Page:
Conservation: govt institute takes cloning to new level
Elated with a cloned buffalo giving birth to a healthy calf, the National Dairy Research of India (NDRI) is now gearing up to clone the endangered wild buffalo. Vishal Joshi reports.tech reviews Updated: Jan 28, 2013 00:04 IST
Elated with a cloned buffalo giving birth to a healthy calf, the National Dairy Research of India (NDRI) is now gearing up to clone the endangered wild buffalo.
Nowhere in the world has cloning been used to conserve wildlife, say experts. On October 29, HT had reported the Chhattisgarh government's proposal to save its state animal -the wild buffalo - through cloning.
The NDRI has agreed in principle with the Chhattisgarh government, said institute director Dr AK Srivastava. "I have written to the Indian Council of Agricultural Research for final approval. The project is expected to be cleared by March," Srivastava said.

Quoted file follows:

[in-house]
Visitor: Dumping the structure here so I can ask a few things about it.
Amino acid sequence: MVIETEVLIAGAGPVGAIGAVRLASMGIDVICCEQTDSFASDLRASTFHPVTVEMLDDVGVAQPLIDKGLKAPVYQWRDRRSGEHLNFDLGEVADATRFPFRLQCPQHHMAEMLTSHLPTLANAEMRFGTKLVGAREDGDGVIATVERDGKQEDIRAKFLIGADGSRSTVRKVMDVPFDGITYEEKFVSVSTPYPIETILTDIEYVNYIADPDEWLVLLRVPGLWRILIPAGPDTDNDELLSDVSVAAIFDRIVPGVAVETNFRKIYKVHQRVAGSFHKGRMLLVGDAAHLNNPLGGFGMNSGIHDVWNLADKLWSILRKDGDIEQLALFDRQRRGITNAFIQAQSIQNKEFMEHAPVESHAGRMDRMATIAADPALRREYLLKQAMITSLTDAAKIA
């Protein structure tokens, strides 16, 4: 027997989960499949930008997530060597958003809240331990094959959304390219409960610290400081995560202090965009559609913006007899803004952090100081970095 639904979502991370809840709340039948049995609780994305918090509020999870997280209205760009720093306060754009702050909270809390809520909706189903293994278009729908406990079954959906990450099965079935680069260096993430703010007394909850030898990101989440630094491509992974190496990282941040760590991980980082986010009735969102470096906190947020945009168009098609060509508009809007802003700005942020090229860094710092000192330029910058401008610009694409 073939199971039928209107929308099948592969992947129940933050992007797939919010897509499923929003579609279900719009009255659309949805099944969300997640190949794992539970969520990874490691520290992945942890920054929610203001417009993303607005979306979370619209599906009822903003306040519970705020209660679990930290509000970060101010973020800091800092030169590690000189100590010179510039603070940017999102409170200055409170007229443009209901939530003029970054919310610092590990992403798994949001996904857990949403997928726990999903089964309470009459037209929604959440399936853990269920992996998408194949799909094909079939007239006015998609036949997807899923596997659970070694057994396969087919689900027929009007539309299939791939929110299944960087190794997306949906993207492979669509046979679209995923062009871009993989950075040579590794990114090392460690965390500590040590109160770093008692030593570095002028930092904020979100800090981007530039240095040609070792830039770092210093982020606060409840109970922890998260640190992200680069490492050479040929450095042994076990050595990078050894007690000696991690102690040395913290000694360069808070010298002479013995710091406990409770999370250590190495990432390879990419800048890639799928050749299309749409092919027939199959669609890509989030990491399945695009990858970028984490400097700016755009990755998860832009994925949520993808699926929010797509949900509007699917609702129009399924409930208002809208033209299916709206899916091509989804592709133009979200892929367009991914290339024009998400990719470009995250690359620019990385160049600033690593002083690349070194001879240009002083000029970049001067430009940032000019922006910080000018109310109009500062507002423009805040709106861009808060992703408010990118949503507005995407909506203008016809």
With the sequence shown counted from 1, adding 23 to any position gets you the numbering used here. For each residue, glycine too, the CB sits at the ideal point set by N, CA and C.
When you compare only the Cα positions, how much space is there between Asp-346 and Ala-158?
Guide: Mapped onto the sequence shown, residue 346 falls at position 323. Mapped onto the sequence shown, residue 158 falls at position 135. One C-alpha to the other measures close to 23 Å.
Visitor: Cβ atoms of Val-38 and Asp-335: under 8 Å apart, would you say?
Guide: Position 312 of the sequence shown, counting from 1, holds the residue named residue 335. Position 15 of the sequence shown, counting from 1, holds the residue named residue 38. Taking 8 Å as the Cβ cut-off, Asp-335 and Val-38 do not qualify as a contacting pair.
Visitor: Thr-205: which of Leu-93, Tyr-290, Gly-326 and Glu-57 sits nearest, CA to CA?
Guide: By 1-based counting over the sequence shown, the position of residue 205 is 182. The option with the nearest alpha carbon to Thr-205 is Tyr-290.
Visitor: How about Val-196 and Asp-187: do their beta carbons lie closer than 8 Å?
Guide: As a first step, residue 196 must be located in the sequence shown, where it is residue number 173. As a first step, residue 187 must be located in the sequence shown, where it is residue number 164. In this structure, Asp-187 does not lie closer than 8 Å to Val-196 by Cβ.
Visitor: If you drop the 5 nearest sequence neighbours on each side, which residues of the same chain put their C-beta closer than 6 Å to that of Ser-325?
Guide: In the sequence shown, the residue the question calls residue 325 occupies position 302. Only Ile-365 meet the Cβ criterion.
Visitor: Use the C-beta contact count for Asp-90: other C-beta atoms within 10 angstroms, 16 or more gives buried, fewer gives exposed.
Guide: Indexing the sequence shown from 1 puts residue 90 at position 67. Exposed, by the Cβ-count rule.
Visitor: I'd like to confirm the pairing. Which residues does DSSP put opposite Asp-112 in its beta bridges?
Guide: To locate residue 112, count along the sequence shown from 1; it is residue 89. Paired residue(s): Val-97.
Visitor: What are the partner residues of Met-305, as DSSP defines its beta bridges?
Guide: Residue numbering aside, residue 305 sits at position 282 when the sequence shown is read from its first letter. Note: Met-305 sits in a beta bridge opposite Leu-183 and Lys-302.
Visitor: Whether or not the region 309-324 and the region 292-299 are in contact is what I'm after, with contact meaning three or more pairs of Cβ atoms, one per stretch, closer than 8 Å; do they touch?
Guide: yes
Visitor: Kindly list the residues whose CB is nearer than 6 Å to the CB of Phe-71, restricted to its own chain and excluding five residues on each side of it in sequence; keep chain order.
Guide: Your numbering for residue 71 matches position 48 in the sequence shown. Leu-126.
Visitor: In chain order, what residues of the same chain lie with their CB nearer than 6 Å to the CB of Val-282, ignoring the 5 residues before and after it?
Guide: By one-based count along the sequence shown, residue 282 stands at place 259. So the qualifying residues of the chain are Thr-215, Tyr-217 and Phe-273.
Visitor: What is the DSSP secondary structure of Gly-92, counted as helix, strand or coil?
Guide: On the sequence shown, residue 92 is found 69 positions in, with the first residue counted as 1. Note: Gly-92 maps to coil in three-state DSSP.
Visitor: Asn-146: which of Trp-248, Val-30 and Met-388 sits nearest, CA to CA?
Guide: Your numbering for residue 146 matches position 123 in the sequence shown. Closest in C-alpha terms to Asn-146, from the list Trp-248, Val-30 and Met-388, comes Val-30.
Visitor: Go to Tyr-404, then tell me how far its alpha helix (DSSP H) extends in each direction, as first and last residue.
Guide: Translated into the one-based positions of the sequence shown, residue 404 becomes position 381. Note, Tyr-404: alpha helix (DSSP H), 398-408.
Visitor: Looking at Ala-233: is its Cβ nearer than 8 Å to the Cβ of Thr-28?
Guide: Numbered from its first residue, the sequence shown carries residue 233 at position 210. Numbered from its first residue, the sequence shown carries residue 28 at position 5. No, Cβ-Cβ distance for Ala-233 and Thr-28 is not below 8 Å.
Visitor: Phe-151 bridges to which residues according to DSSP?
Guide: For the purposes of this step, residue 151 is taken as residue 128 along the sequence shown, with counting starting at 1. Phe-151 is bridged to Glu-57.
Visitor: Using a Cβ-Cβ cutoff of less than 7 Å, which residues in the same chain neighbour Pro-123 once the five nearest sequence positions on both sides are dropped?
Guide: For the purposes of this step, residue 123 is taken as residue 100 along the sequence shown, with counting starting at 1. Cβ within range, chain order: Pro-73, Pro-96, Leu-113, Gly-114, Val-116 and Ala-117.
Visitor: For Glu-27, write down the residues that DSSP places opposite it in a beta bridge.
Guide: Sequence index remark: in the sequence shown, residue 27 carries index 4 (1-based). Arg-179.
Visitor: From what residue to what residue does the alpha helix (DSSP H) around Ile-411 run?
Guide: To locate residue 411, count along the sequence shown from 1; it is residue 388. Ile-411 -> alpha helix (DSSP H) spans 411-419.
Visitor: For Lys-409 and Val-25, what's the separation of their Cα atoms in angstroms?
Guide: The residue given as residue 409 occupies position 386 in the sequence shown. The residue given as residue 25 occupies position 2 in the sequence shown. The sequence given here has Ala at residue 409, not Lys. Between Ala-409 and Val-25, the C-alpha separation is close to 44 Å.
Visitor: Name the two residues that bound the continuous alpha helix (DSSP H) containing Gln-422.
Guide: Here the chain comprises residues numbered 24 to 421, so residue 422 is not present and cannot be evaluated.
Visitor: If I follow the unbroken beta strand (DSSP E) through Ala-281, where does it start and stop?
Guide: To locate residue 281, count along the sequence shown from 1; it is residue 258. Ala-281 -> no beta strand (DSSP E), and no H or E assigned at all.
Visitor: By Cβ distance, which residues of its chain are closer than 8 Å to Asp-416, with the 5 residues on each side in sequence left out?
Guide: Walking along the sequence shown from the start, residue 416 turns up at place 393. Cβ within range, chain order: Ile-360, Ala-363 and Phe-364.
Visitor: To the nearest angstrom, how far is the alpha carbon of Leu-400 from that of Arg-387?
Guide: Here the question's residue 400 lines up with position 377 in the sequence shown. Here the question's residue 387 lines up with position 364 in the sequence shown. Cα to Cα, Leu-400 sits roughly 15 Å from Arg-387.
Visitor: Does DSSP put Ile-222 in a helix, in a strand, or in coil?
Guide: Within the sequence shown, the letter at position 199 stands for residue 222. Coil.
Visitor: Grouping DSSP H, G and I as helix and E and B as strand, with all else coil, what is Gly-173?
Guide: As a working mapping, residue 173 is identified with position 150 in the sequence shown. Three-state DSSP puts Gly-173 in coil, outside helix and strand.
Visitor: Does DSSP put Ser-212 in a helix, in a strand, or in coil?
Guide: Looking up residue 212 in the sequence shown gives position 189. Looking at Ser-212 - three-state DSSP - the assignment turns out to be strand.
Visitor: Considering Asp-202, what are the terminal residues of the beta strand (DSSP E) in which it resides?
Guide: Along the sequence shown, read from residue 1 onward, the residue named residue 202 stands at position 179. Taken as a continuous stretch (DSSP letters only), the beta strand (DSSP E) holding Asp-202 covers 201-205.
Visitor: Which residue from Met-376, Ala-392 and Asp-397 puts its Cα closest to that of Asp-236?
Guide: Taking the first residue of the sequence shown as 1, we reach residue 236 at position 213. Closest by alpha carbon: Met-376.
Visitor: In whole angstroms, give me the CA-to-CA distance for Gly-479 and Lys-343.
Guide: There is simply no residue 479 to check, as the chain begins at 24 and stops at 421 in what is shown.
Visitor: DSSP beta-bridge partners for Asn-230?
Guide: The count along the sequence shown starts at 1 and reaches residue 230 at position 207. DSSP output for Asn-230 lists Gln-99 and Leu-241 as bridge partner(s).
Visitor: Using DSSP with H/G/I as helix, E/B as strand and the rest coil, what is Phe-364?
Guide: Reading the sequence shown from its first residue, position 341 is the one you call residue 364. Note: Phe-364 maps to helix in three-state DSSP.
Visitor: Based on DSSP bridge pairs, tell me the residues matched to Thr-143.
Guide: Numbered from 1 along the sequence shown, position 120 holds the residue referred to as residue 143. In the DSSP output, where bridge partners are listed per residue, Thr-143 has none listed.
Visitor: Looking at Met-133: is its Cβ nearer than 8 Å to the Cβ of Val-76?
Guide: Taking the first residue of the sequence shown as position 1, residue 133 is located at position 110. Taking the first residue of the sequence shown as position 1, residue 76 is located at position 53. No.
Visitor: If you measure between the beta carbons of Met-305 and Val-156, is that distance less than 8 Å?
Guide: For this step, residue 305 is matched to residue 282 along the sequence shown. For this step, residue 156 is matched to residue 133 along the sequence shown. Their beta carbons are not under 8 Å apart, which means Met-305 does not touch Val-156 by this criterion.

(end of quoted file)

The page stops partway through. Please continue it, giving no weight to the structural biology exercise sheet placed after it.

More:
The premier institute has already cloned the world's first domestic buffalo and a pashmina goat. On Friday, a domestic cloned buffalo delivered a calf.
According to the International Union for Conservation of Nature, wild buffaloes are on the red list of threatened species. Once found in abundance in central India, wild buffaloes are now restricted to a few spots in the forests of Chhattisgarh, said an NDRI scientist. Success of the proposed project would pave the way towards conserving lions, tigers and other wild animals.